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Virtual Pediatric Hospital: Paediapaedia: Coarctation of the Aorta Paediapaedia: Cardiovascular Diseases

Coarctation of the Aorta, Adult Type

Michael P. D'Alessandro, M.D.
Peer Review Status: Internally Peer Reviewed


Clinical Presentation:
Adult type is usually not diagnosed until late childhood or early adulthood when hypertension and a difference in arm and leg pulses is detected on routine physical.

Etiology/Pathophysiology:
Usually caused by a congenital indentation in the posterior wall of the aorta that usually is distal to the origin of the left subclavian artery at the level of the ductus arteriosus. Infantile type coarctation causes a diffuse narrowing while adult type coarctation causes a focal narrowing.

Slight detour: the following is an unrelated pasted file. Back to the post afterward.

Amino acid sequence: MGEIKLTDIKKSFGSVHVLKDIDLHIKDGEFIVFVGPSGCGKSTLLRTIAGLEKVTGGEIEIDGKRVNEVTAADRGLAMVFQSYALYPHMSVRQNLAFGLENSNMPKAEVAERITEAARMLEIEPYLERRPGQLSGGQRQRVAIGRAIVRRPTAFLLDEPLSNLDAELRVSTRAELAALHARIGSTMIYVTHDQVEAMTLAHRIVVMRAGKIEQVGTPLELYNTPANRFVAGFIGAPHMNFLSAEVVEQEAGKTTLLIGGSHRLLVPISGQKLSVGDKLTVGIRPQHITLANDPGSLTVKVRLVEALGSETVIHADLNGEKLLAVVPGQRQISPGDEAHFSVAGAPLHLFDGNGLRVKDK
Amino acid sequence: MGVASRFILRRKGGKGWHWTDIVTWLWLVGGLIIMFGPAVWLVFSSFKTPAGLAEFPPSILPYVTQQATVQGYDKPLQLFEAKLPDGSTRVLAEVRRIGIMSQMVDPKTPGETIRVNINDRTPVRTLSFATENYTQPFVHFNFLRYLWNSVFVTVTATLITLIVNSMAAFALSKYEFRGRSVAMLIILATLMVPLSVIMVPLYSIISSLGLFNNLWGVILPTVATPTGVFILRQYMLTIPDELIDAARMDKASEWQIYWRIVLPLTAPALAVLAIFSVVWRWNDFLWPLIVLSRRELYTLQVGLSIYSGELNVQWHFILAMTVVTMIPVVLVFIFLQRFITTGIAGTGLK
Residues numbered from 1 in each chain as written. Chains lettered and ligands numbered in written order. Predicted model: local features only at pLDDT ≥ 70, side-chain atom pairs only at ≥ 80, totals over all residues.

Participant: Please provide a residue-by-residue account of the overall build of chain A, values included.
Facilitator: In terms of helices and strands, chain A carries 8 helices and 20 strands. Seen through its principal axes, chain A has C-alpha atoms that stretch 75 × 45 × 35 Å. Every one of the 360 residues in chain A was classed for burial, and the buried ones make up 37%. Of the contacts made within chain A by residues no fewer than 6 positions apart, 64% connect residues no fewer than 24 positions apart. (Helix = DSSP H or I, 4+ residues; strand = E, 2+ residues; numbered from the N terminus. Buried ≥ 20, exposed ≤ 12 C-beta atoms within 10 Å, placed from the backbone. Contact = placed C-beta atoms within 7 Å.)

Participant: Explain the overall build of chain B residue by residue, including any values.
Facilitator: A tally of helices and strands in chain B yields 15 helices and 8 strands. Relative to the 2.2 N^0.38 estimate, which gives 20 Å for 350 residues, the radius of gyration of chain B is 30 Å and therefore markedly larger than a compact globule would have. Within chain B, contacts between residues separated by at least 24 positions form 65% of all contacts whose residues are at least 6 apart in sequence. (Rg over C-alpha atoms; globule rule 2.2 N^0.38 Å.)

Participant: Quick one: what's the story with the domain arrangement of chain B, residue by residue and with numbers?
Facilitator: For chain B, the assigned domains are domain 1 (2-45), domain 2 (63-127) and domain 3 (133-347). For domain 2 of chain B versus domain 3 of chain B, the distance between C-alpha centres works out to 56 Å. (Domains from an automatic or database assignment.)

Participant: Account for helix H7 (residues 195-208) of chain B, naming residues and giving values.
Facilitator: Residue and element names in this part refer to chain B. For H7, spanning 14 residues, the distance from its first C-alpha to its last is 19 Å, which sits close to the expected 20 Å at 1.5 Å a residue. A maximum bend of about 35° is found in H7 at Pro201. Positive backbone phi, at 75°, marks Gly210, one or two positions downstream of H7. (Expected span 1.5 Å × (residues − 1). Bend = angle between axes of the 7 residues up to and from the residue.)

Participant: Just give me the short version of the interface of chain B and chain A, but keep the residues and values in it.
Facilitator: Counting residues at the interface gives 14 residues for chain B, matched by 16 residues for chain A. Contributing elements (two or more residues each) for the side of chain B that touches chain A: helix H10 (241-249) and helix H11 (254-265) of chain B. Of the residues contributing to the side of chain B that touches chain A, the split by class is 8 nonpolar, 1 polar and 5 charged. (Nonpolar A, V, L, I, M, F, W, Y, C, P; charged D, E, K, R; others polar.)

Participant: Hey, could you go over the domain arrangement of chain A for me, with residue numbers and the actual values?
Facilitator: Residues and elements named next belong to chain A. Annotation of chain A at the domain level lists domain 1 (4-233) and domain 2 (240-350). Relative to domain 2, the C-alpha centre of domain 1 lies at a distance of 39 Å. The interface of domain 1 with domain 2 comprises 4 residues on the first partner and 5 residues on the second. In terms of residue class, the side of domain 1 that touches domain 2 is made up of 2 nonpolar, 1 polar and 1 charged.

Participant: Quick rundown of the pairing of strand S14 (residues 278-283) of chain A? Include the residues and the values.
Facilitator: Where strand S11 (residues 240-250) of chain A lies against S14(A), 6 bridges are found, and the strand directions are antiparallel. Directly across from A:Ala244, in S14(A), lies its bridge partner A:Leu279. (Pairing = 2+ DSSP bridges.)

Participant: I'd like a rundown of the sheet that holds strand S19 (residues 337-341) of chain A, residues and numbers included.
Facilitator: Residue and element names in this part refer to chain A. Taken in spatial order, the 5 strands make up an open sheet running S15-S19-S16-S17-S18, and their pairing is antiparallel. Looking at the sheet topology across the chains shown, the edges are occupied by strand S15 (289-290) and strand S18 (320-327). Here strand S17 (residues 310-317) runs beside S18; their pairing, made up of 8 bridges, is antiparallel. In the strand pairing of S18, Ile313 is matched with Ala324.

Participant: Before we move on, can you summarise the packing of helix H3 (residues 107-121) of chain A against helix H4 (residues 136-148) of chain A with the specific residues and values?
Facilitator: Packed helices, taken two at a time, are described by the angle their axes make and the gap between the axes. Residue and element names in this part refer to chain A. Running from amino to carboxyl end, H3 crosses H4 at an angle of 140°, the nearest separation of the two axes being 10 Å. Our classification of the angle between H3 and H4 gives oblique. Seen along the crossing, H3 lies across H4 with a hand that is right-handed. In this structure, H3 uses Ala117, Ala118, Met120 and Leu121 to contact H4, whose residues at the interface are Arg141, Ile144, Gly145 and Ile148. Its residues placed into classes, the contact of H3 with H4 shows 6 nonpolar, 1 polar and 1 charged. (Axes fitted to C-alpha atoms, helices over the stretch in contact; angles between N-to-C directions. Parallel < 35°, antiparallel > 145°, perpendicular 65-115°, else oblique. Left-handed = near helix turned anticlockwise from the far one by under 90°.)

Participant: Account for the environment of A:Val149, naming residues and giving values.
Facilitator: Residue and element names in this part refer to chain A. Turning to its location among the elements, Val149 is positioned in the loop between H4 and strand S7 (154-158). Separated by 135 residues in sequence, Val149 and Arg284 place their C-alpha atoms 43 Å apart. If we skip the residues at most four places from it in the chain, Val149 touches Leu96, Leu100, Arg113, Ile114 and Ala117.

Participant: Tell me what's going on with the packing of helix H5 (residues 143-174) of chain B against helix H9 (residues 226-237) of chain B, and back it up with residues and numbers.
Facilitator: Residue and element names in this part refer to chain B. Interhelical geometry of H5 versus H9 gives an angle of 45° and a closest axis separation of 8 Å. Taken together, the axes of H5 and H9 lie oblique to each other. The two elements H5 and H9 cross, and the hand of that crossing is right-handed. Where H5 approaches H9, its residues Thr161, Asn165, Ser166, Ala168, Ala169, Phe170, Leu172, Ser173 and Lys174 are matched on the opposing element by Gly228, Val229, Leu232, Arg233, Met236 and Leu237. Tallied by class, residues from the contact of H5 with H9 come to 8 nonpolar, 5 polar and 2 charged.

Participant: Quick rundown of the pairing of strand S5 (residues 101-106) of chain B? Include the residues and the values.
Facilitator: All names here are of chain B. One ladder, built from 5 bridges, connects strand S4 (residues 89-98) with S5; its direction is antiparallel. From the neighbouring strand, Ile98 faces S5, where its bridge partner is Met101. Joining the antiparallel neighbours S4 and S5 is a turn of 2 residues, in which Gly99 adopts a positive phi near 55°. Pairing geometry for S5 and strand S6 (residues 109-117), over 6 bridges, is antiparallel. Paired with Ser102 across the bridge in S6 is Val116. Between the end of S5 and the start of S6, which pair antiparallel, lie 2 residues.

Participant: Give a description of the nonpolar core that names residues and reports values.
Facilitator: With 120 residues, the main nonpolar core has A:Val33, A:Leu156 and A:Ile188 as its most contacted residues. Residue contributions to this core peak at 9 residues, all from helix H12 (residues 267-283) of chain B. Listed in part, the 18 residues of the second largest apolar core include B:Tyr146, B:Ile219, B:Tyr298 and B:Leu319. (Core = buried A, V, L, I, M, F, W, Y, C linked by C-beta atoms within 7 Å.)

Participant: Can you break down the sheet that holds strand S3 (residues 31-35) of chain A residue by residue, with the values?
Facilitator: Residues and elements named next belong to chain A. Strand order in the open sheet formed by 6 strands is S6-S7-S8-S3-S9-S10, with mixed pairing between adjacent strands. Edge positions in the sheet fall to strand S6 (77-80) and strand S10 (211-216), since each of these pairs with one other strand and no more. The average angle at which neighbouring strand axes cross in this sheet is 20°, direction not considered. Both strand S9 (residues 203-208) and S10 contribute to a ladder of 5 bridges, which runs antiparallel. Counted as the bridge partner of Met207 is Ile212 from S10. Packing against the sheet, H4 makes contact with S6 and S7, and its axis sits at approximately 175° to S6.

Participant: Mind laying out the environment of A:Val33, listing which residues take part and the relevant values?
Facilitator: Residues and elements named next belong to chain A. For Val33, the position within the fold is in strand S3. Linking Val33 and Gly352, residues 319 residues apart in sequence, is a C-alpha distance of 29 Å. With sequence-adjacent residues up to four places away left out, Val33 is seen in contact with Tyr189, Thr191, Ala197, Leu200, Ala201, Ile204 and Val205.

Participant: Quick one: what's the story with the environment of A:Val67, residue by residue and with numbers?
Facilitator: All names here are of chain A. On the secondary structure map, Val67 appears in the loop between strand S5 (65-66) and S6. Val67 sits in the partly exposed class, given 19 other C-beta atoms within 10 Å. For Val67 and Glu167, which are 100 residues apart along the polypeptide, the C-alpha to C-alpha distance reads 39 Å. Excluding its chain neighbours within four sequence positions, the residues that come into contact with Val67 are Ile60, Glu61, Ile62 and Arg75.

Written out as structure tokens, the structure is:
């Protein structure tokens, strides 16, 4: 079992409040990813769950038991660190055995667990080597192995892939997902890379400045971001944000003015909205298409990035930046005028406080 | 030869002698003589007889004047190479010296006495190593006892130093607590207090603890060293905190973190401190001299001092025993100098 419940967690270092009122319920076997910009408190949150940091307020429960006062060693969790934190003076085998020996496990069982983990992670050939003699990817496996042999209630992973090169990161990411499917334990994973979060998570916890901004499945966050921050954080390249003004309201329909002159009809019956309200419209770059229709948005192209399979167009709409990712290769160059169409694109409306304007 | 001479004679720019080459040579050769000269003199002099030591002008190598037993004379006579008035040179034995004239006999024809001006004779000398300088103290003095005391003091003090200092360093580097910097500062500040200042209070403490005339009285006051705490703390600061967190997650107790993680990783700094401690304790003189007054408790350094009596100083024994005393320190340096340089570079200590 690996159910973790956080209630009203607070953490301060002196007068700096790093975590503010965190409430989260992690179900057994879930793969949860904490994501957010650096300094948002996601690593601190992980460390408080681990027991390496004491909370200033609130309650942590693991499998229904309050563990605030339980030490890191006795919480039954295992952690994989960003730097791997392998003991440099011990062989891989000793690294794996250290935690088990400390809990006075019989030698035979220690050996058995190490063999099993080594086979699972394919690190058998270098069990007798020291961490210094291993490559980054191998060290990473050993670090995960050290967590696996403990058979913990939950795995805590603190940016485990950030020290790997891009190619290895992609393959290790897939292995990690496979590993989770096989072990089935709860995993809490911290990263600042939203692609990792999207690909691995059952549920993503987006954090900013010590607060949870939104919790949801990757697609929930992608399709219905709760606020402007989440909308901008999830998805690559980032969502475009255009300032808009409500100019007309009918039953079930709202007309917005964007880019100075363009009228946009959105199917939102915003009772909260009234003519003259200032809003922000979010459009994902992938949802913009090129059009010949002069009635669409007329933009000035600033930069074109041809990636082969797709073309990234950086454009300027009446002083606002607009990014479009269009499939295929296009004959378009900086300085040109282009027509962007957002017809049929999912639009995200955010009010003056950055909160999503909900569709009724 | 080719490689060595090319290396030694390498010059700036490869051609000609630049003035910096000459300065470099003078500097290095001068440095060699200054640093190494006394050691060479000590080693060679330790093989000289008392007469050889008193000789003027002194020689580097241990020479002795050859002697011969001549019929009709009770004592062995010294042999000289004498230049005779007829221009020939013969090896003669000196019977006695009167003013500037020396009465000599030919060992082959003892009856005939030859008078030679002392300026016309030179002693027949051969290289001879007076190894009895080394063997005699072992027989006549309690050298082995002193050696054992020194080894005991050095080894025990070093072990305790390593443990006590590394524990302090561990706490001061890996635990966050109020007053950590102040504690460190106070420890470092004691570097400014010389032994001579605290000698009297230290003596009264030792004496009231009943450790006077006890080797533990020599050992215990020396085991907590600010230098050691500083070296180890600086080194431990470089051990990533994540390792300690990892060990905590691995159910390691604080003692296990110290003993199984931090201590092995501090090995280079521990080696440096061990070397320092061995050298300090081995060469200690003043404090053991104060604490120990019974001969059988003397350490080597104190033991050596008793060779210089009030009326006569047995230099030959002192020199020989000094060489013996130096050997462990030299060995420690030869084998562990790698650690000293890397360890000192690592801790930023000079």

The collatateral circulation is via the internal mammary arteries, the costocervical trunk, and the intercostal arteries.

Seventy-five percent of patients have a bicuspid aortic valve, and ASD / VSD / PDA / mitral valve deformities can also be seen.

Pathology:
Not applicable

Imaging Findings:
The adult type often has intercostal rib notching due to collateral flow through dilated pulsatile intercostal arteries and it is seen in 75% of older children with coarctation. It is unusual to see rib notching before 6 years of age. It is seen in the 3rd - 9th ribs because the 1st and 2nd ribs intercostal arteries come from the thyocervical trunk which is above the coarctation. Irregular wavy densities seen on the lateral film reflect dilation of the internal mammary arteries.

Another sign in the adult type is the "3" sign which is created by a prominent left subclavian artery, the coarctation and post stenotic dilation of the descending aorta. The barium swallow shows a reversed "3" which represents the aortic impression on the esophagus above and below the coarctation.

DDX:

References:
See References Chapter.

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